VT Group, the UK defence services giant, said on Wednesday that it would sell its 45 per cent share in its joint venture, BVT Surface Fleet to its partner BAE Systems. This would end the 149-year association of Hampshire-based VT (formerly Vosper Thornycroft) with the UK shipbuilding industry.
VT said in a statement that BAE Systems would acquire the stake under an option in its partnership agreement. BVT is currently involved in building two aircraft carriers for the UK ministry of defence, and six Royal Navy Type 45 destroyers worth one billion pounds each. All future and ongoing projects will continue to be produced by BVT, although the operation will now be wholly owned by BAE Systems.
A spokesman for VT said: "The group has the right from July 1, 2009, to put its shareholding in BVT to its joint venture partner, BAE Systems. The group has decided to exercise the option, which requires UK Ministry of Defence approval in addition to the approval of VT Group's shareholders and other regulatory bodies."
He added that the move will allow VT to refocus and expand its core engineering and support services businesses. The MoD is understood to have already approved the sale. BVT employs more than 7000 people and generates a turnover of £1billion a year.
BVT Surface Fleet was created in June 2008 when BAE and VT agreed to combine their warship construction and support operations. A spokesman for BAE Systems said: "VT were always in this joint venture for a one to three-year period. They have simply decided to exercise their right to exit after one year. As far as we're concerned, nothing has changed. We are looking forward to cutting steel for first aircraft carrier this summer. We are at the head of an industry that is at its most vibrant in years."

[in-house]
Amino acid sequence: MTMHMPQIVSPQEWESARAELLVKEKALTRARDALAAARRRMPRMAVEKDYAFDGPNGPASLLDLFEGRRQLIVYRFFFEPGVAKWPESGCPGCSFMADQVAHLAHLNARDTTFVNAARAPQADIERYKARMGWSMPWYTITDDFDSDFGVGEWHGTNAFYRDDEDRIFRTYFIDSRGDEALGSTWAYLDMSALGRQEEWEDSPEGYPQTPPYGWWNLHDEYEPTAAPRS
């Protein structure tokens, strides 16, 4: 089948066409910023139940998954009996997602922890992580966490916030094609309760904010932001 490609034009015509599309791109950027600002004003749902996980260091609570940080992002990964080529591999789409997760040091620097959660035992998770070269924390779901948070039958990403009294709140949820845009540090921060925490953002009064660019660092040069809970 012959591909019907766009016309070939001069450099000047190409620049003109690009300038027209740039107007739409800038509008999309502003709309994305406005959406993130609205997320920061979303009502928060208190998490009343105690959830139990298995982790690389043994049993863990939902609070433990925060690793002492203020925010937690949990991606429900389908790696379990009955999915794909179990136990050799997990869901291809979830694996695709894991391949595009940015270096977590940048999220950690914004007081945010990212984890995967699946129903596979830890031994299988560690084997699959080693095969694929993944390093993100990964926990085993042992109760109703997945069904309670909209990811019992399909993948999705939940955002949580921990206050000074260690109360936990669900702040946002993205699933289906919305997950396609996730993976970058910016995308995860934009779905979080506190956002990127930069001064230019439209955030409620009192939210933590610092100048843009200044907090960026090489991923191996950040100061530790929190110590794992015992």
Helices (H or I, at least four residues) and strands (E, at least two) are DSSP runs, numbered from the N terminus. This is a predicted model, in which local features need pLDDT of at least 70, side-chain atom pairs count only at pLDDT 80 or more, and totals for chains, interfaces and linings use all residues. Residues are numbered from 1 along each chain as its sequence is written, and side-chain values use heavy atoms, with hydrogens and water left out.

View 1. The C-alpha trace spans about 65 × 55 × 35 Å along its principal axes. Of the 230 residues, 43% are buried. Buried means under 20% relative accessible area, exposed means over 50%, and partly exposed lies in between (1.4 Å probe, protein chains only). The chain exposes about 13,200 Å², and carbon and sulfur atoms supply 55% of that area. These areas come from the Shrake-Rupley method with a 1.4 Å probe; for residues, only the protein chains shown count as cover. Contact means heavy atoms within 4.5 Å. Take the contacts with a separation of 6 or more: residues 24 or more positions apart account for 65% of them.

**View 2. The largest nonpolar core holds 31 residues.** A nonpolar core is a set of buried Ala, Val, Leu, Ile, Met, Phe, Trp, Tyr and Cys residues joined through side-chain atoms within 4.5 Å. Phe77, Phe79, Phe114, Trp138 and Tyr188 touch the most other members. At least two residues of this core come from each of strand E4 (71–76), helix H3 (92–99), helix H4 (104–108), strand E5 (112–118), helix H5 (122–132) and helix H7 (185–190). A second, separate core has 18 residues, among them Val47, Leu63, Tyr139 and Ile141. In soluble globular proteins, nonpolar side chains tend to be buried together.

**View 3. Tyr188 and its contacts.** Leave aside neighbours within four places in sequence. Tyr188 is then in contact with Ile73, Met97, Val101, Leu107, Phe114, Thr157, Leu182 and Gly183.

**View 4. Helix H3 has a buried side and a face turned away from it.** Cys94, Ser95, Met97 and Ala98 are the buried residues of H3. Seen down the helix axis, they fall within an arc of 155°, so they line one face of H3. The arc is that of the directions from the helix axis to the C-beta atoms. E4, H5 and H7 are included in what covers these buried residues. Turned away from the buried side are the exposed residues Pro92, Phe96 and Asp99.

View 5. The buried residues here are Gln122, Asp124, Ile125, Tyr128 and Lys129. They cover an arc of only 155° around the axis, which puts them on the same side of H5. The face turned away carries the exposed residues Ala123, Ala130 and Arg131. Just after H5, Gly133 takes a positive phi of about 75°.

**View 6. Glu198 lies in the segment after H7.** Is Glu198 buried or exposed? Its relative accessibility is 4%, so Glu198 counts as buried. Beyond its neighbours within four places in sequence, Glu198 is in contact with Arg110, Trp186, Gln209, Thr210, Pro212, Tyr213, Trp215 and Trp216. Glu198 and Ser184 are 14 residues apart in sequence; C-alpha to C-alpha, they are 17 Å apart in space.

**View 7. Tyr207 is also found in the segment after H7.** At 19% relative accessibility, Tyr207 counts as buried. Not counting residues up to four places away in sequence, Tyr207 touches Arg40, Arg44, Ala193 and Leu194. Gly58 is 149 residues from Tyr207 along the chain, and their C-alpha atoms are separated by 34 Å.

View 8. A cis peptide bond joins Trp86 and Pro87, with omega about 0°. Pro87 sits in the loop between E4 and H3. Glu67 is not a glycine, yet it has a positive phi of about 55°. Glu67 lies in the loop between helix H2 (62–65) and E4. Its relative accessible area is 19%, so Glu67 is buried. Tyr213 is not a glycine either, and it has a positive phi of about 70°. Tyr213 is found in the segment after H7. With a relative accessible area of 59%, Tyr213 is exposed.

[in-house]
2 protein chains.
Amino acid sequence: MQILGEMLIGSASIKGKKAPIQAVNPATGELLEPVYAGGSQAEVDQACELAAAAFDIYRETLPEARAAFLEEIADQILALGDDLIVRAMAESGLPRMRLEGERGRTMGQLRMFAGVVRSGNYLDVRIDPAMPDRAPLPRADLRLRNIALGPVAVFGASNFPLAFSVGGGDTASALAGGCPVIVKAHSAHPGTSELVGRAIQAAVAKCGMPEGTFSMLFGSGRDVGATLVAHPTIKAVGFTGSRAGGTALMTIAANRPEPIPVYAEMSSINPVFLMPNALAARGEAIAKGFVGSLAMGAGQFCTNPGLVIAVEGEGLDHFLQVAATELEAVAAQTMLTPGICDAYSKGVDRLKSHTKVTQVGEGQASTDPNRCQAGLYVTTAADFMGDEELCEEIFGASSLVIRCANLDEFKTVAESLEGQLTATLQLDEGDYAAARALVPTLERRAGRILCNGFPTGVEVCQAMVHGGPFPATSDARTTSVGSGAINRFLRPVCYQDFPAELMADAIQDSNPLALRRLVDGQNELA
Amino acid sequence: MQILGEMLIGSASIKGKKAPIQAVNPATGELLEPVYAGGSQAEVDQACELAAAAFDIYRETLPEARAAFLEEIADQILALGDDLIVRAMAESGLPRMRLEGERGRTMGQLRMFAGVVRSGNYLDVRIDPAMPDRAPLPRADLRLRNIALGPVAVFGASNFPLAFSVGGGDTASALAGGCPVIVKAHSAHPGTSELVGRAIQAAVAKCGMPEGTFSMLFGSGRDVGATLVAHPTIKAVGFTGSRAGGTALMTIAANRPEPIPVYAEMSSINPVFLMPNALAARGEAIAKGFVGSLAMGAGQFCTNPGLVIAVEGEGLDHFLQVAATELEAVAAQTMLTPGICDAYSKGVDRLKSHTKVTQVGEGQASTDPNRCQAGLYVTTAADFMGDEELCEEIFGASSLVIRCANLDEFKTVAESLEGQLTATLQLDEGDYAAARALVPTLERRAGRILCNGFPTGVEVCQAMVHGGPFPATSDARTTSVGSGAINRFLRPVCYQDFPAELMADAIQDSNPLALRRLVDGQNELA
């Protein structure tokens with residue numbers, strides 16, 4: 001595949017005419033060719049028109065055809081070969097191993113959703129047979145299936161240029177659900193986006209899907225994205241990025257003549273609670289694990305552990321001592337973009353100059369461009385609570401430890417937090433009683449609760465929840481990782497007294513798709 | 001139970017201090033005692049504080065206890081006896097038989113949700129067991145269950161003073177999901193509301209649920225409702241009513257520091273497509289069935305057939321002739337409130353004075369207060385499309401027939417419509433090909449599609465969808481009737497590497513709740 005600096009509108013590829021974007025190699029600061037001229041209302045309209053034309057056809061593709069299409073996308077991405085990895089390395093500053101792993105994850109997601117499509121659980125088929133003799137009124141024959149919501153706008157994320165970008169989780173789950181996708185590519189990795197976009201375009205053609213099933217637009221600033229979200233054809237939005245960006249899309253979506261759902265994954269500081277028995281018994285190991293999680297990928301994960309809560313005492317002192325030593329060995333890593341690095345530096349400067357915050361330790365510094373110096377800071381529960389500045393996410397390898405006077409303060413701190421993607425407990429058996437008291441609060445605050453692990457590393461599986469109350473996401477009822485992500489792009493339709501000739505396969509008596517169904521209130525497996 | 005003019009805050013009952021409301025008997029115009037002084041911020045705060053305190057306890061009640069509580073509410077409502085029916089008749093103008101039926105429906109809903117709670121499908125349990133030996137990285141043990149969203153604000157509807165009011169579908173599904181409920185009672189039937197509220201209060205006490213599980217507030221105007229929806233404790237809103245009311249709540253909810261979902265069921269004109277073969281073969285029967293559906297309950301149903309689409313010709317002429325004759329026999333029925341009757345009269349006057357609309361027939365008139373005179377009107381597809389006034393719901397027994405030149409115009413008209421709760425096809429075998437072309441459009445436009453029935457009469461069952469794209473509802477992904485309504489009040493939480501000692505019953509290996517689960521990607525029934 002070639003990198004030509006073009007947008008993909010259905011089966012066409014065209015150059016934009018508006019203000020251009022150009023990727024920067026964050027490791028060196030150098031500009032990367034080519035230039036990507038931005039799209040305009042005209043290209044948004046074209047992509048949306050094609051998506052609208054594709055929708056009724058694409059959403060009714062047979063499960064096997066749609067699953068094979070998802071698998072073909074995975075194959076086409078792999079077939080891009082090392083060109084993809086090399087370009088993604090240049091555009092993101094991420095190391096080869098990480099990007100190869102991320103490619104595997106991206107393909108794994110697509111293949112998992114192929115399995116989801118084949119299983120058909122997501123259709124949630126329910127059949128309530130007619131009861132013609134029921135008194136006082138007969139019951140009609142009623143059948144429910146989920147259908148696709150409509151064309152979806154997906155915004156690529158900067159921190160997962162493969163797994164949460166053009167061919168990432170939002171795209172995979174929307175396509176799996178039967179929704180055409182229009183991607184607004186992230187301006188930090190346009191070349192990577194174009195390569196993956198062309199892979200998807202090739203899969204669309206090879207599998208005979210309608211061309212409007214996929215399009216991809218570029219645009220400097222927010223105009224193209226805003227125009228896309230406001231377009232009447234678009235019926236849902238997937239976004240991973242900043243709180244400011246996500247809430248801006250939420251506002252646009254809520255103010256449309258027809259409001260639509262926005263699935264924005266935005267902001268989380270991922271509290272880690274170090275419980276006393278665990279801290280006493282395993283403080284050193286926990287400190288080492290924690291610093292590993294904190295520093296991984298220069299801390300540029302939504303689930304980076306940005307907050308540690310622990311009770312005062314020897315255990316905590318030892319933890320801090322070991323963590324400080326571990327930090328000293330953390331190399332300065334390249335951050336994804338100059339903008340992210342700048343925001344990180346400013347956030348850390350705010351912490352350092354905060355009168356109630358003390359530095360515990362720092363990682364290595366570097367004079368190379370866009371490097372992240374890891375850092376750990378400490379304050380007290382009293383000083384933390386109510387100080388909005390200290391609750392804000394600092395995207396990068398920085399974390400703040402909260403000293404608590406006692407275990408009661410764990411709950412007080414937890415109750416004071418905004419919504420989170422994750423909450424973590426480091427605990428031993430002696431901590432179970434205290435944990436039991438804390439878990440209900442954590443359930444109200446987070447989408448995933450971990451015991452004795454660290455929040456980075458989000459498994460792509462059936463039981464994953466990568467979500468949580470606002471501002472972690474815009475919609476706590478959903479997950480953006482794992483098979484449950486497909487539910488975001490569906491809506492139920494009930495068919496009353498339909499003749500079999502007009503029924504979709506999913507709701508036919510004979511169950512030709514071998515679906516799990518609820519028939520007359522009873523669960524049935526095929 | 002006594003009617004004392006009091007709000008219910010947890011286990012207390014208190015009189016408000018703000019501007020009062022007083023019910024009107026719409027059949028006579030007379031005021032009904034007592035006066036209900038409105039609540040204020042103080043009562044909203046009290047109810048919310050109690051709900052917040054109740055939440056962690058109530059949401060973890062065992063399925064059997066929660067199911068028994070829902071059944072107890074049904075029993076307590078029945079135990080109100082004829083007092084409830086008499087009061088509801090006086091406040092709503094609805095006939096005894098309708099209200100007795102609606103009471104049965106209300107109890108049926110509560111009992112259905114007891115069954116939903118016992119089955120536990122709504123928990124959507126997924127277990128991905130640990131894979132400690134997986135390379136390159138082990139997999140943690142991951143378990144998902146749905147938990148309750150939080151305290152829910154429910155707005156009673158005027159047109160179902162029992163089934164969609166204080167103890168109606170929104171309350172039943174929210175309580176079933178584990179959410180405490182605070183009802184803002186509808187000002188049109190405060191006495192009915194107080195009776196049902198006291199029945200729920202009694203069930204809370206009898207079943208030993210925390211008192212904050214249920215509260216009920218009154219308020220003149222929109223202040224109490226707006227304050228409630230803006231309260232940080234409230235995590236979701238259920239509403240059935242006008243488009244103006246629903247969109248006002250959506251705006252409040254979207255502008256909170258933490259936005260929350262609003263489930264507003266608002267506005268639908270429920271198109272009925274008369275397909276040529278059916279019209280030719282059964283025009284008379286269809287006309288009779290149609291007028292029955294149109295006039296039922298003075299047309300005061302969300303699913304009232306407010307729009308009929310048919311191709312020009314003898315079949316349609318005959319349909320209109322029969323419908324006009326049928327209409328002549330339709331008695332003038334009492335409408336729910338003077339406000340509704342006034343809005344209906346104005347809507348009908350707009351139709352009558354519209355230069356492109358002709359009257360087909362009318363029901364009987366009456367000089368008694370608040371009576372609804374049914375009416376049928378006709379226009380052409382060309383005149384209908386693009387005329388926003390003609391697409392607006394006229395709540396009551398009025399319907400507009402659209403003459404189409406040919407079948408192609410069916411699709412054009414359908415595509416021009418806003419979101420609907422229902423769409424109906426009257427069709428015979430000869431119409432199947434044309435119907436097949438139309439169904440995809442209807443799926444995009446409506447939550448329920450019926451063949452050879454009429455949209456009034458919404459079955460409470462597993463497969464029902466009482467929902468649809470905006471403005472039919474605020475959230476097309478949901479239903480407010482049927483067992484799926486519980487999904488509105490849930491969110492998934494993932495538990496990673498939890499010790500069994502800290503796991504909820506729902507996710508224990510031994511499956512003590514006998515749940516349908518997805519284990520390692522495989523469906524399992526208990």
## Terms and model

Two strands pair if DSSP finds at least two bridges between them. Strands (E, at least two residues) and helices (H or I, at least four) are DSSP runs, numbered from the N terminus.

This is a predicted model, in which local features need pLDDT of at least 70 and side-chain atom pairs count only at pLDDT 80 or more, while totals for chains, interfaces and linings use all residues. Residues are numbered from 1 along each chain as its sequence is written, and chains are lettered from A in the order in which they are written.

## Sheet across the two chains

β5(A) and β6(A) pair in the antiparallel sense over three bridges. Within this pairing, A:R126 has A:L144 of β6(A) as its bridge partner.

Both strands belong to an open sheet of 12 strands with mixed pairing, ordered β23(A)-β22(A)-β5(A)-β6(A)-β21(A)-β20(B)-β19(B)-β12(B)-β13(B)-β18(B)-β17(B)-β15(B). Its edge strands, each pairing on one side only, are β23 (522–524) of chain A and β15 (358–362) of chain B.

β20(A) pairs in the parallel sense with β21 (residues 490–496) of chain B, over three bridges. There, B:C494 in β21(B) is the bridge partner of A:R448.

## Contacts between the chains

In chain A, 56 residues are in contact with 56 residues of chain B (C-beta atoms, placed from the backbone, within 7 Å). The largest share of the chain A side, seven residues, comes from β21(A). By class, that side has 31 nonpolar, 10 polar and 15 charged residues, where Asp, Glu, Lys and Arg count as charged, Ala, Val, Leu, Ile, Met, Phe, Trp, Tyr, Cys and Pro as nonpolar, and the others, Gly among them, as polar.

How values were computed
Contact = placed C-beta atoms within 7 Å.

Paul Lester, chief executive of VT Group, said he expects to double the size of the company in the next five years once it has exited its naval shipbuilding activities to focus on support services. The "new VT" – which is expected to have annual revenues of £1.1 billion-£1.2billion once it has sold its share in a shipbuilding venture – would grow both organically and through acquisition, he said. The company is also examining whether it can transfer from the aerospace and defence sector to the support services sector, whose companies traditionally enjoy higher ratings.
"If you look at our track record over the past five-six years, we achieved 20 per cent per annum growth in support services, a mix of organic and acquisitive growth," he said.
VT's shipbuilding activities, which it is now shedding, represented about 20 per cent of last year's turnover of £1.2 billion, and just under 18 per cent of underlying profit.
The decision to exit soon was prompted by opportunities perceived in the tough economic climate. "In the current environment, having cash on the balance sheet puts us in a strong position to acquire businesses that we think will become available in the next 12-18 months," Lester said.
The company was looking to expand in the UK and the US, primarily in the defence market. In the US, "our current run rate is $550 million (£384 million) a year and we need to get that to $1 billion in revenue in the next two to three years."